Copyright© 2015 by Old Man with a Pen
The sleeper slept, the dreamer dreamt, the thinker thought, the buyer bought, the widow wept.
"Fuck! Josie! Gimme another white. Josie! Get in your magic bag and gimmie another white. Josie? This is no fucking time to play games."
I would have pulled over ... if there was any place TO pull over. This road? This trail was one snake turn after another. I couldn't even look to see if Josie was awake.
Josie Henshaw, 16 years old, my co driver, navagator, loader, helper, nightmare ... nothing pretty about Josie ... just one step past a whinny. She was asleep on the seat ... I think ... she was supposed to be asleep.
Which is where I should have been seven hours ago ... but I wasn't. I was arguing with the log company push. The push is the yard foreman.
We had pulled into the yard to load our logs. There wasn't a great deal of work going on. This crew worked the logs out of the cut and down to the yard road with mules ... better conservation and less damage to the woods. The yard road was worked with oxen and the only machinery visible was the stacker. Decks of logs for different mills were stacked together.
The pusher was trying to fuck me. I could see ... directly in line of sight ... the deck of the logs labeled Johnson and Son in bright red fluorescent spray paint ... the logs we were supposed to pick up.
The logs he was trying to palm off had NO paint ... pure trash, beaver-bait, blow-downs and culls. The tornado that ripped through here three years ago left buckskins standing and those were in that cold deck too.
Tornado trees were twisted the length of the trunk ... if a sawmill blade so much as touched the butt-end of one of those twisters, the cut released the twisted fibers and the log turned into a gigantic grenade. They could be cut across the grain to fell them; a lengthwise cut was a catastrophe in the making.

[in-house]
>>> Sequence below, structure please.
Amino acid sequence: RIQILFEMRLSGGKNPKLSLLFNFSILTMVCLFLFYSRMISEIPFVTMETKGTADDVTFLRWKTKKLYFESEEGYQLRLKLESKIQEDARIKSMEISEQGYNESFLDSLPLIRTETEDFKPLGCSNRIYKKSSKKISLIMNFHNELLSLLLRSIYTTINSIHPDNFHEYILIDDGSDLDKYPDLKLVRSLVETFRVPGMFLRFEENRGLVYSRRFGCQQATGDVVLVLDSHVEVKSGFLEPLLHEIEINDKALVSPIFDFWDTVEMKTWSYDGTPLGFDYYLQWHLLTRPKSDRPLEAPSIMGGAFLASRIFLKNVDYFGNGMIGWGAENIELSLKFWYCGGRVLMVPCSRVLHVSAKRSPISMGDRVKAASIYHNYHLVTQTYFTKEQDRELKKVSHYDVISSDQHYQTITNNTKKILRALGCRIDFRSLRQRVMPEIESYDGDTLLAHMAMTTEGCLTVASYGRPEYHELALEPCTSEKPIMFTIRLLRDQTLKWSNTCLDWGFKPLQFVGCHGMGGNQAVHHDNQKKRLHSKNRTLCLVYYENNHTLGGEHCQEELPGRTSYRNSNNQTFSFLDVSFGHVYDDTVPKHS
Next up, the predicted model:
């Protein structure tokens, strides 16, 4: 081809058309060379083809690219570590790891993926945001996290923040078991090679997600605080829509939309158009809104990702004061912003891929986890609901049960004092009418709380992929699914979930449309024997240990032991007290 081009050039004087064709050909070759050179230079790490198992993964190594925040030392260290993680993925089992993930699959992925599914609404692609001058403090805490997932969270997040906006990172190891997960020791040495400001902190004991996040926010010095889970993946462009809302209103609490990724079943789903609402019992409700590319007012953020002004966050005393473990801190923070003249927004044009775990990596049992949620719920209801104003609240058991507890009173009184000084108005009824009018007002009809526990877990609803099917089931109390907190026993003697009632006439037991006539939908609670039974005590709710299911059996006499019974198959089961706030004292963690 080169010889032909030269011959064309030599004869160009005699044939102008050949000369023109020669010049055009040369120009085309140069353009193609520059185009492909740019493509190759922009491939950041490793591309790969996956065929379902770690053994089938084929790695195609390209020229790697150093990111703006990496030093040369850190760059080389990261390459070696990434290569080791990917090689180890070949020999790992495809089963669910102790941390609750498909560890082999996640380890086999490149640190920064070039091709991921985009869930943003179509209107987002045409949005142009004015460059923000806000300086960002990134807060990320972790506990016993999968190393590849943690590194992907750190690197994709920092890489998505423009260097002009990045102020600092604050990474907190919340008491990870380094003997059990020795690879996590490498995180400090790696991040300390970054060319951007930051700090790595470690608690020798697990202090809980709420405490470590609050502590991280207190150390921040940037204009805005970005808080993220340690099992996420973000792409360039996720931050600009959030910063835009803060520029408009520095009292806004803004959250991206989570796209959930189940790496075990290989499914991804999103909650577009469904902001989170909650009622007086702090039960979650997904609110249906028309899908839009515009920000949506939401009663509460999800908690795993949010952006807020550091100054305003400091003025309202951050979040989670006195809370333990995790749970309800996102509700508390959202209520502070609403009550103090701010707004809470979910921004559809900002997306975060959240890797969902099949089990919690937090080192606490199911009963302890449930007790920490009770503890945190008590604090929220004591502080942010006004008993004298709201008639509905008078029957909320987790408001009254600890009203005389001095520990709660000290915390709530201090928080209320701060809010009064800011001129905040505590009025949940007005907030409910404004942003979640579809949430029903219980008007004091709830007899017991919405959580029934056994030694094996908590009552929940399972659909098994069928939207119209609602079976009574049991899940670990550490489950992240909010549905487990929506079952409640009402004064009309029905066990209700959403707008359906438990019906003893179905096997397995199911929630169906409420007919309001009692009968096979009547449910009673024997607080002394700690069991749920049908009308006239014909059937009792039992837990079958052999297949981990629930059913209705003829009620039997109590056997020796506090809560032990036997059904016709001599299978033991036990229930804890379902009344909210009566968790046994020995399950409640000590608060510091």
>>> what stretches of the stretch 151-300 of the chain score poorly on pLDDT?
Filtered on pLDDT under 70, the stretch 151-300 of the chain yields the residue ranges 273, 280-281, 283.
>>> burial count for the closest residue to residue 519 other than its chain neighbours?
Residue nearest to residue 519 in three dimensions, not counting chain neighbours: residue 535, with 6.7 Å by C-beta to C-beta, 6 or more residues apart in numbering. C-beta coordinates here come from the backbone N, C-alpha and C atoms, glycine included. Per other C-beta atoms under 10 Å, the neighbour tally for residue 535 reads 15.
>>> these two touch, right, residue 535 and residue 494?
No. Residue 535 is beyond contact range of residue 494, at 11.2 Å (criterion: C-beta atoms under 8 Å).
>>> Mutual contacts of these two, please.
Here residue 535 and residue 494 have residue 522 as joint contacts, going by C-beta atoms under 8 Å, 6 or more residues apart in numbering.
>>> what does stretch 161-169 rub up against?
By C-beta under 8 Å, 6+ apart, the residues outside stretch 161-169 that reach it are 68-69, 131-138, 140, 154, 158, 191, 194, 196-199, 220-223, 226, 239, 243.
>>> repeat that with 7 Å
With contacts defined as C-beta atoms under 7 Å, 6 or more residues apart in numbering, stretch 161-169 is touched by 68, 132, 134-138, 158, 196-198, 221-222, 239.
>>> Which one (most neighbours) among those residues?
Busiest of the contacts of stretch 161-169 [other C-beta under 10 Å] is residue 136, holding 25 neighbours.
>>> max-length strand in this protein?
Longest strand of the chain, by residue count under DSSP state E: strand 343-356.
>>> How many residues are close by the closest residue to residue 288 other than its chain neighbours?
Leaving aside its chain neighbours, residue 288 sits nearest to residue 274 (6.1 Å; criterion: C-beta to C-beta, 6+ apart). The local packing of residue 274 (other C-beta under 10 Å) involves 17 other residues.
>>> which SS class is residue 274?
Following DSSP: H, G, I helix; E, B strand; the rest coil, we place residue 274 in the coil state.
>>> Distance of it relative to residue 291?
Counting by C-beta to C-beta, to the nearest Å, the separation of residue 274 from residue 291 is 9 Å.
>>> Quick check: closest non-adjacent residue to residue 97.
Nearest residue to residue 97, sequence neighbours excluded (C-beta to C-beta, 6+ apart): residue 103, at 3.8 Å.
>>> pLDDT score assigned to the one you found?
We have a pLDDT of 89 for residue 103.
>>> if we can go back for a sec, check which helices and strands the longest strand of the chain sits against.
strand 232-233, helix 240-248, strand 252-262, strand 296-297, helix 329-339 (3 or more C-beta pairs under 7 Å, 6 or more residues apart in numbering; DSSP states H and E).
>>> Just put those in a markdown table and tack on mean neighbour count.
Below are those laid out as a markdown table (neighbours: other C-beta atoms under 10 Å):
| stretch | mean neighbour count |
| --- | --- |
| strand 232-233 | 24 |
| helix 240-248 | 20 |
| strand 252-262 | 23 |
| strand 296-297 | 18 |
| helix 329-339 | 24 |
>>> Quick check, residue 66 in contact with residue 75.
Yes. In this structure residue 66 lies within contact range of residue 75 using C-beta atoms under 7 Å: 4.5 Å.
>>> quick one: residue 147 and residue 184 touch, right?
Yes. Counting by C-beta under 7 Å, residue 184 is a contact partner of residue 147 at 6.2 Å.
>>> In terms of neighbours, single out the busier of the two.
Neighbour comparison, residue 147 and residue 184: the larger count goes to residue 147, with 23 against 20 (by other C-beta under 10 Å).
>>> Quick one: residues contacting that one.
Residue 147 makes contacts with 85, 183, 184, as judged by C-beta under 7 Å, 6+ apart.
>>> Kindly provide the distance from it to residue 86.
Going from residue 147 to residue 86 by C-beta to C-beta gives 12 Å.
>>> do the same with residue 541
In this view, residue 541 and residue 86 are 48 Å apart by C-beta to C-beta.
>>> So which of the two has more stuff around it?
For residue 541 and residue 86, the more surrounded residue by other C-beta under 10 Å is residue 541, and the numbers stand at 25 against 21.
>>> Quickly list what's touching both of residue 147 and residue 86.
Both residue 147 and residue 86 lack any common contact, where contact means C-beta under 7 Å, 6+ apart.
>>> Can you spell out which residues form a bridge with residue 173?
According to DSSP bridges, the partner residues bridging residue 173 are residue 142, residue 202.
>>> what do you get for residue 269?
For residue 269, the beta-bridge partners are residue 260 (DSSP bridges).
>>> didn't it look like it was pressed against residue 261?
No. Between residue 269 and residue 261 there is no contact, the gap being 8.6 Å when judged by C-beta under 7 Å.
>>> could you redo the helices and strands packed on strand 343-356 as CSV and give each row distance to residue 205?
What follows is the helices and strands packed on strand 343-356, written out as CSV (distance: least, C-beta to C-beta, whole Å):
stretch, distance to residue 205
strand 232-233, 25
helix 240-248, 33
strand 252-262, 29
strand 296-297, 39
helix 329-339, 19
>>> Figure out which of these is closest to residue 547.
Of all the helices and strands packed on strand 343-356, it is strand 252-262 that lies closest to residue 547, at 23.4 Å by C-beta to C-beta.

The year after the tornado a deal between cruiser and scaler sent a few of the twisters to a rival mill. The first few logs through the six foot mill-blade cut just fine ... the first twister killed the sawyer, left the saw cradle and hydraulics a disaster and the saw blade was found a mile away stuck in the side of a Brinks armored truck.
Mr. Johnson wasn't having any of that crap.
We finally got what we paid for, Johnson and Son, the whole deck, loaded, chained and placarded, when the cook's flunky came running up and pulled on the pushers sleeve.
The flunk ducked and the hand passed through the air that was supposed to be flunky.
"Cookie says the main road is collapsed and the State crews are working to get 'er open again."
"Three times this year," I said. "Low bid," as if that explained it.
"Fuck!" He turned to us, Josie and me, and said, "You can bunk up or take the logging road. If it was me ... I'd bunk up. That road is hell."
"Dad needs those timbers if we want to stay in business. The log road?"
"Straight past the gut robber's crummy and left at the break-over."
Things would have been a little less worrying if we had had our load without argument. Five hours would have had Josie home and me in the shower ... after feeding the dogs.
Five hours would have had us in the right spot to take the blame for collapsing that State Highway. Not that we would have known about it.
Would 'a ... Could 'a ... Should 'a. Tremendous excuses but no reasons.
The log road would have been dangerous in a pickup ... in a logging truck? There were times when the outside front wheel was only half on the road. And then it commenced to rain.
A wide spot ahead looked inviting. I pulled over as close to the rock face as I could get, wiped my brow and turned to look at Josie. She wasn't there, neither was the right side door ... and I hadn't heard a thing.
The rain intensified ... and the lightning began.
Let me tell you a little about lightning. If you're on the flat highballing, the lightning is coming from up there ... it gets strung out and looks like fingers. If you're already up there and driving through the clouds the lightning can be 20 feet across ... it's interesting to be in the middle of one of those strikes. Generally, the rubber tires are flinging water and the rubber is an insulator. We were standing and the lightning passed through ... the entire cab was a capacitor and so was yours truly.
It was just after that that the rock face the truck was cuddling detached itself from the mountain.